So Long a Letter

by Mariama Ba

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What is the significance of the main characters in the book So Long a Letter?

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I argue that the main characters of Mariama Bâ’s So Long a Letter are significant largely because they represent a marginalized population to Western readers. Indeed, the novella foregrounds the struggles of Senegalese women addressing customs such as polygamy in an Islamic culture. For the majority of Western readers, this voice is incredibly rare to find in literature. Here, Bâ confronts the issues that women face in Senegal through her frank characterization of Ramatoulaye Fall and her uncensored letter to her best friend, Aissatou Bâ. Ramatoulaye often questions the conventions in her culture that marginalize women, especially polygamy:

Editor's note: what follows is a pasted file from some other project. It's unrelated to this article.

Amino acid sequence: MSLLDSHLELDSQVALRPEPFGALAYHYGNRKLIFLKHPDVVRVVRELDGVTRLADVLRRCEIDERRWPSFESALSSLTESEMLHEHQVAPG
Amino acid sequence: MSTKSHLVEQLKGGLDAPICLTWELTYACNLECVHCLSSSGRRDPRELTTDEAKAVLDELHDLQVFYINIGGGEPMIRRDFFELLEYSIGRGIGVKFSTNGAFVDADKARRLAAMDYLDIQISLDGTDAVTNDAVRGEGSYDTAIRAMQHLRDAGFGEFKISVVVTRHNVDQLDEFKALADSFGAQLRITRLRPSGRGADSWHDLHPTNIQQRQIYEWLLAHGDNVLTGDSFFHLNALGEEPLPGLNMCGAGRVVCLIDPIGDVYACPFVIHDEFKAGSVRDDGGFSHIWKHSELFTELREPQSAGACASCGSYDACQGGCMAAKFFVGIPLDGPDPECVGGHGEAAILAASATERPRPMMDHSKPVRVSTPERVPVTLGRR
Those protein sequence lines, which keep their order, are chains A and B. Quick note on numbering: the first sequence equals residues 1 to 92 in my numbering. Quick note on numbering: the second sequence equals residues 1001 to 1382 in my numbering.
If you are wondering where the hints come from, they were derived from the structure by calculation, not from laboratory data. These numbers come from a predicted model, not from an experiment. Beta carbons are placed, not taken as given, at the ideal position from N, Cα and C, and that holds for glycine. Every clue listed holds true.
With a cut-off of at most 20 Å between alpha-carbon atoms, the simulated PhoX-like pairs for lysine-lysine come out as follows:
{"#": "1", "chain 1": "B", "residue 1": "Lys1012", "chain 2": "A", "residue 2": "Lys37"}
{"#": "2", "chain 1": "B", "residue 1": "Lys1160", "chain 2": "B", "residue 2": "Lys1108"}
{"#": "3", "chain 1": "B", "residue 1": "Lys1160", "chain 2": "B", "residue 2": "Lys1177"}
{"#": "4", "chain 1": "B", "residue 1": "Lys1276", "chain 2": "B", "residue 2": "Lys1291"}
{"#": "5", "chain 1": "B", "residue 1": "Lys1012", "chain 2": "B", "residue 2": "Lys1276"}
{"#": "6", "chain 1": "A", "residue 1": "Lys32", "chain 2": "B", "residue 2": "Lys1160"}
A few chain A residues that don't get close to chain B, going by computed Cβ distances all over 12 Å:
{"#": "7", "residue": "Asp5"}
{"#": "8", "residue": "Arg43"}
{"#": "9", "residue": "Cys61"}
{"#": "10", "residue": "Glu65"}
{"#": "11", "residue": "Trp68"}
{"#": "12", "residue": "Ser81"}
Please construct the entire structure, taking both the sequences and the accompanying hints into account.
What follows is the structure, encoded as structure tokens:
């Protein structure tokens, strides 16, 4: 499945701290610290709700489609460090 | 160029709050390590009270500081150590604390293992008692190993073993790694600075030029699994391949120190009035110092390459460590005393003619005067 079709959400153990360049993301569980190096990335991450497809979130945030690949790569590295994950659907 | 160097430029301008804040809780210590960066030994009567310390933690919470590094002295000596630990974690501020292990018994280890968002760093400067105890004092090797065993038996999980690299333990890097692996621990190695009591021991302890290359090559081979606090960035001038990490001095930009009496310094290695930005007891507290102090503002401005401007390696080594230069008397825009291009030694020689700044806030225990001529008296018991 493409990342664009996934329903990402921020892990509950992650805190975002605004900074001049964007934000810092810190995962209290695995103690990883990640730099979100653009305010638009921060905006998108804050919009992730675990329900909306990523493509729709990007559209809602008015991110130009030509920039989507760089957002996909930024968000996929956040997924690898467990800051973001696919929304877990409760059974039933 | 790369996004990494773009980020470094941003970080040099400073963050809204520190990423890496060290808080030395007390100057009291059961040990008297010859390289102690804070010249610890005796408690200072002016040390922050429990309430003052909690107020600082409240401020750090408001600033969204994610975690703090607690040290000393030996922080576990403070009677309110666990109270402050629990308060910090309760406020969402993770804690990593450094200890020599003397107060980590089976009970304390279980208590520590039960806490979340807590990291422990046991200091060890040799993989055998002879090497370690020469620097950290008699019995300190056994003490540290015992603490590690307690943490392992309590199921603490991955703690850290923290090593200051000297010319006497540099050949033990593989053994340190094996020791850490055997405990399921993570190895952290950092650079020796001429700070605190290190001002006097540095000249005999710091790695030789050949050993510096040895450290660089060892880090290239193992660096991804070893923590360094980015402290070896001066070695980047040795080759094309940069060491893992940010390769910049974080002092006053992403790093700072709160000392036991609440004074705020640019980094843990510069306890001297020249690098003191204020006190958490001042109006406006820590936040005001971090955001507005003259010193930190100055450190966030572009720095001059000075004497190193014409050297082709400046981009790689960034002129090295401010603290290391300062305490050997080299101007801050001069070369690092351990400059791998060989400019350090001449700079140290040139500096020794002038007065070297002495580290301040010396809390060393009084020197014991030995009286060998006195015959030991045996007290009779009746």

“I have heard of too many misfortunes not to understand my own. There was your own case, Aissatou, the cases of many other women, despised, relegated or exchanged, who were abandoned like a worn-out or out-dated boubou” (41).

Later in the novel, Bâ is startlingly direct in her call for women to become politically active. The fact that this is coming from a Senegalese woman writing from the perspective of another disenfranchised Senegalese woman is especially potent:

“Women must be encouraged to take a keener interest in the destiny of the country…. If men alone are active in the parties, why should they think of the women?” (62).

Thus, the main characters are significant because they perfectly capture the issues women in Senegal face, and they are direct in their critique of their conditions.

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